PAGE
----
Tools for marking
There’s so many ways to mark your fabric and prep a pattern for sewing. These ones you should always have on hand.
8. Quilting rulers
Quilting rulers are incredibly helpful sewing tools. They come in so many widths and lengths.
They have extra markings for cutting fabric on the bias.
You can use them in place of a T-square.
Shoot, you can hang them on a wall.
I have several quilting rulers, but the one I can’t live without is this 3″x18″ one from O’lipfa. 3″x18″ is a great all-purpose size. I use it to make bias tape, cut waistbands and neckband. In my ruler collection, I have a larger 8.5″x24″ beast. The bigger ruler is more practical for checking grainlines and making big pattern pieces. For most things, it’s almost too much ruler.
Whatever size, find a ruler you like and stick with it.
9. French curve ruler
If you sew garments at all, a French curve ruler is a must. It can help you draw pretty curves akin to your own body’s curves for your arms and hips.
And they can be a shortcut to drawing a nice curve when you’re fitting a pattern. And if you draft your own patterns, a French curve will be invaluable.
I love the little graph paper-like 1/8″ squares that can help you add seam allowances quickly.
Want to change a neckline quick? Fix a hip curve? Change up a sleeve?Yup, your French curve has your back.
You + French curve =pattern hacking magic
10. Chalk wheel
You can fabric for your sewing projects with so many different types of pens. But the one marking tool I will always turn to is a chalk wheel.
They’re small and they make razor sharp lines without damaging fabric. It’s my favorite universal marking tool. I get my chalk wheels and extra chalk locally at Colorado Fabrics. This Dritz chalk wheel is similar. And here is some refill chalk. I’ve heard really good things about the Chakoner too.
The Simflex easily wins the competition for the coolest looking sewing gadget.
It’s an expandable gauge that you use to help mark where buttonholes go.
If you’ve ever tried to mark where buttonholes go from a paper pattern, you know that the paper can shift unless you’re really careful. What you can end up with is a hot mess of unevenly spaced buttonholes. Not so cute.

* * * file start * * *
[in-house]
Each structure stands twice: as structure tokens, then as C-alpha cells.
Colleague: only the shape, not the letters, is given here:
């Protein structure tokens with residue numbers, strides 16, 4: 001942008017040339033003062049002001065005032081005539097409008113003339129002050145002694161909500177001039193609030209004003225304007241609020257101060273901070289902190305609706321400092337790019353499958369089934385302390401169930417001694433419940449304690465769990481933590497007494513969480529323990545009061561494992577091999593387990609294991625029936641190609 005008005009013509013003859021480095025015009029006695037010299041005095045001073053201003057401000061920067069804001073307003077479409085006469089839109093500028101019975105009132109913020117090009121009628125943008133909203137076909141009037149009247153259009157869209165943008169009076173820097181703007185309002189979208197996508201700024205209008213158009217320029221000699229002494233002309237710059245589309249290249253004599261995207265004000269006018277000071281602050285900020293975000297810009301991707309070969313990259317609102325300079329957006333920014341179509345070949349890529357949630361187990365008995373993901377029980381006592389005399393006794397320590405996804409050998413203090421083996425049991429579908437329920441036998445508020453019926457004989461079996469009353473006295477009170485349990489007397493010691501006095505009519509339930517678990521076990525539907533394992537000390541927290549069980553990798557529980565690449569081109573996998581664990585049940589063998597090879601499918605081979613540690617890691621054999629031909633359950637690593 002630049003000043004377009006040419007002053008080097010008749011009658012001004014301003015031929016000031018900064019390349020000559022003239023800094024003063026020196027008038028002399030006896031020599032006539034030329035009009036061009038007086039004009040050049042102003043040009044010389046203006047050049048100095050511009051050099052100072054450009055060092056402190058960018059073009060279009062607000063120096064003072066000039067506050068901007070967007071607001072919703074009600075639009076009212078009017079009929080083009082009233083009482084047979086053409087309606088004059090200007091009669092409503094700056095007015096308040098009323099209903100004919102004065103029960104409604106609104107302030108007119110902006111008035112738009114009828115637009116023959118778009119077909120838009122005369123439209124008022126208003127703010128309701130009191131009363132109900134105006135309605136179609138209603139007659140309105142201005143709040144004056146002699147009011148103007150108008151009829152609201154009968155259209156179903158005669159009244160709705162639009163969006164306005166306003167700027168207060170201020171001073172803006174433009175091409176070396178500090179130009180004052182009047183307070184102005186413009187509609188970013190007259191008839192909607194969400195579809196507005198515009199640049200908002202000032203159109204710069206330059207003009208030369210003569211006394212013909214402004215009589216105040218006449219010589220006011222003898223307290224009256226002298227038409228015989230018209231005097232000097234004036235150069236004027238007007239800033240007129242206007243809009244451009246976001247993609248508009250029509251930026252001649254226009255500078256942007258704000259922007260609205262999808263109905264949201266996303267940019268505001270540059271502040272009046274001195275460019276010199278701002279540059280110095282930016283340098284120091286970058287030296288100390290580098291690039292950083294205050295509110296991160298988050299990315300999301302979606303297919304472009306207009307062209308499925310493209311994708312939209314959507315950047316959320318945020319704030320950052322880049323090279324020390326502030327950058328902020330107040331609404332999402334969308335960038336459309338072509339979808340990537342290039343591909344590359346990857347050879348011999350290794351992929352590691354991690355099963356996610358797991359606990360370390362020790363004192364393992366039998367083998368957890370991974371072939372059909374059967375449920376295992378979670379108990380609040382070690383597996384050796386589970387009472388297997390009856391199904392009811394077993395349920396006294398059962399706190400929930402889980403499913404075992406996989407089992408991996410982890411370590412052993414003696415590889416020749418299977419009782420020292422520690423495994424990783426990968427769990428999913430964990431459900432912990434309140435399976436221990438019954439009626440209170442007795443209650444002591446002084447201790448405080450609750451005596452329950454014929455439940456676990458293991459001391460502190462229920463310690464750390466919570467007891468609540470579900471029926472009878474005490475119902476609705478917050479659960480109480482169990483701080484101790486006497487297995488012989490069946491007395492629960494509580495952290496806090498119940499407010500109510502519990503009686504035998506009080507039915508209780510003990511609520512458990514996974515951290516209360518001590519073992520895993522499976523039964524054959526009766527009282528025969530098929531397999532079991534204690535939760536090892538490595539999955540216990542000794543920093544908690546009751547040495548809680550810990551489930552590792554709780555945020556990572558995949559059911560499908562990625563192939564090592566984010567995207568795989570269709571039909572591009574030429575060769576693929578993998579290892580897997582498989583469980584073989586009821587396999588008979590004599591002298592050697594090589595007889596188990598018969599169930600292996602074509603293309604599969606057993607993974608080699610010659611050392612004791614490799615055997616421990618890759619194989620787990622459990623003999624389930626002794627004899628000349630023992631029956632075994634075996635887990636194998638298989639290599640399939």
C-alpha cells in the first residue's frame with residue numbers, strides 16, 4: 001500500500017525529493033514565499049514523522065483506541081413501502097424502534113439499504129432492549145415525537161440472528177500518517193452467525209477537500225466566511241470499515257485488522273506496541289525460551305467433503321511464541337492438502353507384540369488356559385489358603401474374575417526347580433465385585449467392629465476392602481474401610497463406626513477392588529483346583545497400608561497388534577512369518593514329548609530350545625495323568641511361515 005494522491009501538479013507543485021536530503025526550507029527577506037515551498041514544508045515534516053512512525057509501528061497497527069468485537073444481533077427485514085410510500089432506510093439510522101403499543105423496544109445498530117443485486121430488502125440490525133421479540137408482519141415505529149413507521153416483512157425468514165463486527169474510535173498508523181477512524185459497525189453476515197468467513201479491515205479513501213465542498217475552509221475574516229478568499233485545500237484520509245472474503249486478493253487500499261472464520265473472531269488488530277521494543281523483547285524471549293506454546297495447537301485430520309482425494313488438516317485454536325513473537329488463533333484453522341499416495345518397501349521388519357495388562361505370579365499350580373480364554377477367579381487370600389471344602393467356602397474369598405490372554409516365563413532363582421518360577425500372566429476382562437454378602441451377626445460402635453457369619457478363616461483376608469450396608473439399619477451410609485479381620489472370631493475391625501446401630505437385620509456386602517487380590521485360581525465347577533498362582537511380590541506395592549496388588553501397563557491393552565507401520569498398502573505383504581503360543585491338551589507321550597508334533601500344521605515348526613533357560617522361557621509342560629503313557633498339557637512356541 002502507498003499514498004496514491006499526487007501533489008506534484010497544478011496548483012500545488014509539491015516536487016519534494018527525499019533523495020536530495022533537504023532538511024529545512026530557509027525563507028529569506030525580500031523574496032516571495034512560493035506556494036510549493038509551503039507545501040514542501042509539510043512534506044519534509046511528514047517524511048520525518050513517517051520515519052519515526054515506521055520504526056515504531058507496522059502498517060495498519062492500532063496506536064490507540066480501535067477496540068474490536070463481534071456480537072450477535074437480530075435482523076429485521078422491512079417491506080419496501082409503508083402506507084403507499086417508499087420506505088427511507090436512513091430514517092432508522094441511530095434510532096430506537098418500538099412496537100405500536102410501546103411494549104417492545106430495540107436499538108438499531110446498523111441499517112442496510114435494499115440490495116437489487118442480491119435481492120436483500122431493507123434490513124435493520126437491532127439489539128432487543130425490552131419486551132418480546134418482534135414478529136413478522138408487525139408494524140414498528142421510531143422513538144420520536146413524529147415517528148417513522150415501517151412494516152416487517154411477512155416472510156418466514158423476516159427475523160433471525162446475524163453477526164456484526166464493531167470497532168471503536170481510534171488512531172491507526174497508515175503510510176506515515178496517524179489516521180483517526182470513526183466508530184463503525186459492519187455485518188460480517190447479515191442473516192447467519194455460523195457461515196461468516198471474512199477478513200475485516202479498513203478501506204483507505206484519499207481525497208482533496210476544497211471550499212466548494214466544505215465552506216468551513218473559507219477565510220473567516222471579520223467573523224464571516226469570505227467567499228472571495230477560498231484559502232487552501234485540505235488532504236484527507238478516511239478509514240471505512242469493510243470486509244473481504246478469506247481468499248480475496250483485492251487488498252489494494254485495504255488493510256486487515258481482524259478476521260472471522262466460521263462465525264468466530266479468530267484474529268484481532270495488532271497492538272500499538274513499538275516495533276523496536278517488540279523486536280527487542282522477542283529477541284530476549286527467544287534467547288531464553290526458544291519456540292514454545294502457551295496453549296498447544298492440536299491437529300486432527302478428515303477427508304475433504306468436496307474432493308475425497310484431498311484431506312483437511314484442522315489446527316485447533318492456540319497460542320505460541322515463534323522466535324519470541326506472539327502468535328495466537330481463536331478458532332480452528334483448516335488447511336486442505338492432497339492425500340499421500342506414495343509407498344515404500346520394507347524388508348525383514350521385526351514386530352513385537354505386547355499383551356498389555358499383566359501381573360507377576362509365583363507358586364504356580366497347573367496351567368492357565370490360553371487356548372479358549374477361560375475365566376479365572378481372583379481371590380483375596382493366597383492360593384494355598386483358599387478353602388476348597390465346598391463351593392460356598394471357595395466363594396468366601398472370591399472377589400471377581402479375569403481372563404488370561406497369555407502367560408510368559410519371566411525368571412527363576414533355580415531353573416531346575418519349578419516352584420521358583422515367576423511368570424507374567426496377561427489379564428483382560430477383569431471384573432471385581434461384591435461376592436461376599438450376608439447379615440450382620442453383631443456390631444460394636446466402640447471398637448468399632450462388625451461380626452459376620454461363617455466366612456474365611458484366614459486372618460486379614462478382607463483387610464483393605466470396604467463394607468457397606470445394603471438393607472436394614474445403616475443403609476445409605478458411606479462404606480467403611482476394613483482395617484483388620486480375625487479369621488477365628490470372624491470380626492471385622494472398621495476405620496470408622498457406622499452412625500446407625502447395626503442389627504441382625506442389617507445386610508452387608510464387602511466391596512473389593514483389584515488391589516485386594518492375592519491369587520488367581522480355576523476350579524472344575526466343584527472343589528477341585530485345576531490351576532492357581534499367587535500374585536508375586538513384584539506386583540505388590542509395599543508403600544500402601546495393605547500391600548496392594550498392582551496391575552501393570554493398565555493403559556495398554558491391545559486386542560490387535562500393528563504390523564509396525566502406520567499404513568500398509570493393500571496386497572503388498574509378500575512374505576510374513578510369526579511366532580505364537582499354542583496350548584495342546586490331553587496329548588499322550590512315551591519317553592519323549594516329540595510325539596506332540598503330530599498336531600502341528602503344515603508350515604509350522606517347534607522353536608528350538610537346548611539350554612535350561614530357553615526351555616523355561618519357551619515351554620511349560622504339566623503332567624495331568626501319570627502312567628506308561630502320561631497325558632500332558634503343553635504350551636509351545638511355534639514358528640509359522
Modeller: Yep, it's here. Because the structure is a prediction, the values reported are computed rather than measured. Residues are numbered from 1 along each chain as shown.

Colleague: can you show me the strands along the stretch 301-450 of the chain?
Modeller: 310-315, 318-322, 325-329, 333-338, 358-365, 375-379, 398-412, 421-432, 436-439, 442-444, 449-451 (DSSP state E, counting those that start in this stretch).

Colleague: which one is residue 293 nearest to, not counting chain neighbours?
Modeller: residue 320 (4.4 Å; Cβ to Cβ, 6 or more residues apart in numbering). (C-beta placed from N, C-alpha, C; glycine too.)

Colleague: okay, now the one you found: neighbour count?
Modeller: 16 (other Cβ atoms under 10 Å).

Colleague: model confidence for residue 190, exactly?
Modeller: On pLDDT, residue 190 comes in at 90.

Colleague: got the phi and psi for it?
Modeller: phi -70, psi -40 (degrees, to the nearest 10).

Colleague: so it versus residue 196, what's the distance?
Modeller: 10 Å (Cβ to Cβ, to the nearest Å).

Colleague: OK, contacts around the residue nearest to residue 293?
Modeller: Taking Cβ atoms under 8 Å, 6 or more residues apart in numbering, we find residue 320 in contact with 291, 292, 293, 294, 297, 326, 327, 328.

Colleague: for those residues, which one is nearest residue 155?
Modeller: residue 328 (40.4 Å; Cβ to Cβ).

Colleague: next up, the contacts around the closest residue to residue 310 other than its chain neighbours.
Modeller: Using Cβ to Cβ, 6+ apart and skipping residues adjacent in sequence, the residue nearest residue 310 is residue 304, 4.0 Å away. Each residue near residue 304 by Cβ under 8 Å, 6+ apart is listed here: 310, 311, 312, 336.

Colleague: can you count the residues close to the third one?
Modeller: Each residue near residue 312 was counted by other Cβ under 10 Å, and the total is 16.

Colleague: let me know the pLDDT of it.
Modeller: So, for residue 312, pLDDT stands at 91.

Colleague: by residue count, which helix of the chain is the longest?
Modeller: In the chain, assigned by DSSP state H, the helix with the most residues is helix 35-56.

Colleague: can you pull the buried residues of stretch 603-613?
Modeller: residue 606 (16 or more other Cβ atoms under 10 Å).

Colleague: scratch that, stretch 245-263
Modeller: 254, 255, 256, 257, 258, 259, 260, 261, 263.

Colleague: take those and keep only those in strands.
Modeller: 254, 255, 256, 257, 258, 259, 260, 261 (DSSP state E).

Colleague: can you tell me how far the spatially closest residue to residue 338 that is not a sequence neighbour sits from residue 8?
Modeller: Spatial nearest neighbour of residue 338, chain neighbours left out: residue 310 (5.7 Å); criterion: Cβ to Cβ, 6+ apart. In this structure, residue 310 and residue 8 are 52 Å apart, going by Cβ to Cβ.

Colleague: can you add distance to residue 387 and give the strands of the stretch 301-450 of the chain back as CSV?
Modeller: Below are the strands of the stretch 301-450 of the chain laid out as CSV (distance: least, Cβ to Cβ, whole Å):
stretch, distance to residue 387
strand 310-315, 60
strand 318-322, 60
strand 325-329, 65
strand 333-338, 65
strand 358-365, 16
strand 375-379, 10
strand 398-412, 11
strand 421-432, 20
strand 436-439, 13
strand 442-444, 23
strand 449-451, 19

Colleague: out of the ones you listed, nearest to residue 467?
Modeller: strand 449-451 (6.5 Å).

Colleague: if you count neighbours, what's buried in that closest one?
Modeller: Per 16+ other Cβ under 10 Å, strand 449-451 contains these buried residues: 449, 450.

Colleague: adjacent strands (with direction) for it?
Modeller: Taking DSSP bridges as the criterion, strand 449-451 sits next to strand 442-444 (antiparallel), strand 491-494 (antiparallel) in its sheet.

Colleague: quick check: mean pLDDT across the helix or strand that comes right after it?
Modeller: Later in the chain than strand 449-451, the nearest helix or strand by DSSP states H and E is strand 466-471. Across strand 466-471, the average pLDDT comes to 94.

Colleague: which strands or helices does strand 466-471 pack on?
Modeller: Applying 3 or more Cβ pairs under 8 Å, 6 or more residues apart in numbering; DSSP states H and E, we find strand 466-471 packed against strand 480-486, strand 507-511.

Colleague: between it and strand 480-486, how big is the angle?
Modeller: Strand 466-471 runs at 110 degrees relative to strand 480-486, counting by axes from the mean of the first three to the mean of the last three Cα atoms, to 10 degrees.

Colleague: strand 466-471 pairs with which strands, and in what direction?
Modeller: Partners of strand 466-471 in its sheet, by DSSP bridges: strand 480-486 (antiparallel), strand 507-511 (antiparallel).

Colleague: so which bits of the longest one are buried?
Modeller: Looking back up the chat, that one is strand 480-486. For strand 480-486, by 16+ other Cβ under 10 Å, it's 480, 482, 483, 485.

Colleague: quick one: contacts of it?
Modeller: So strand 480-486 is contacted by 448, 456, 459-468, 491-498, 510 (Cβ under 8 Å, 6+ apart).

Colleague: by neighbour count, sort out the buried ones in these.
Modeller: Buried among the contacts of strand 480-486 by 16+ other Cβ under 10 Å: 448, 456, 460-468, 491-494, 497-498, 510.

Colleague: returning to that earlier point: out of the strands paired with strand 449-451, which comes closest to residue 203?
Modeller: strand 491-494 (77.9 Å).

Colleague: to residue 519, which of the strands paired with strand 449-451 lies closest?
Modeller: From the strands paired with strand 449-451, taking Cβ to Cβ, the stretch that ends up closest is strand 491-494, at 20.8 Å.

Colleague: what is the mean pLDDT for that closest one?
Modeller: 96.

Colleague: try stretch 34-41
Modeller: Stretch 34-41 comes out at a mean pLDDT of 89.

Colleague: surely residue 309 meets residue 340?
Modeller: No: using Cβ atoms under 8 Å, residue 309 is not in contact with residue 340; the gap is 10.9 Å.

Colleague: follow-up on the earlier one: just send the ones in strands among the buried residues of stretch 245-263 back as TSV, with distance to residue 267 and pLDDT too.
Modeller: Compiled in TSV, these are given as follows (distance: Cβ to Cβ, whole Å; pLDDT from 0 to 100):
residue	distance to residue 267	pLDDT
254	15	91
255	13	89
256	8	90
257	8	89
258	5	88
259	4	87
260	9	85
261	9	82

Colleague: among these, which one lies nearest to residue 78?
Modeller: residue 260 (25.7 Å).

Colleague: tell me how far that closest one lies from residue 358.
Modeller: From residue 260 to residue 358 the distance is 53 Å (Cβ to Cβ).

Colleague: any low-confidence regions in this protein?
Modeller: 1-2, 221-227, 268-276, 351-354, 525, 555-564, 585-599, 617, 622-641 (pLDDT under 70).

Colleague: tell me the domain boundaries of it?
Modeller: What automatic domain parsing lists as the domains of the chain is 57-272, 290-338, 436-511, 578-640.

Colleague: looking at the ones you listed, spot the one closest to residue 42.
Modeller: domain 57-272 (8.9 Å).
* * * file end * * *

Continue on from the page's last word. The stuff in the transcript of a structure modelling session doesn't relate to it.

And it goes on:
The Simflex works so well because you only need to know where your top buttonhole and the bottom buttonhole go. When you have those two anchors, expand the gauge and use the slots to mark the rest.
The max distance between buttonholes is 3.5″ for 8 buttons. If you need more space vertically between holes, you can simply measure between 2 holes and skip every other marking slot.
So those are the 11 helpful sewing tools I personally can’t live without. What about you? Tell me in the comments: which is your favorite sewing tool? Did your favorite make the list? Dish!!
Need some more specific sewing recommendations? Learn how to pick the best needles for knit fabrics. Or if you’re want to get your hands dirty making your own textiles, check out blockprinting supplies for DIY fabric.
Bonus tools!! Task lighting
Can you have enough light in your sewing space? Probably not. Our eyes require a lot of focusing for all the things that we do when we sew. The better lighting you have in your space, the less chance you’ll have of straining your eyes.
I just recently learned about these magnifying lamps from Brightech. I haven’t personally tried them out, but I wanted to add them to this list because Brightech has some pretty stellar ratings on Amazon. I love that you can vary the brightness of this LightView LED Magnifying Lamp and that it can be a table or a floor lamp. Plus they look super streamlined which is bonus! I can see these being really helpful for any close up hand sewing work like cross stitching or embroidery or to shine more directed light on your sewing machine.
What does your task lighting look like in your sewing space?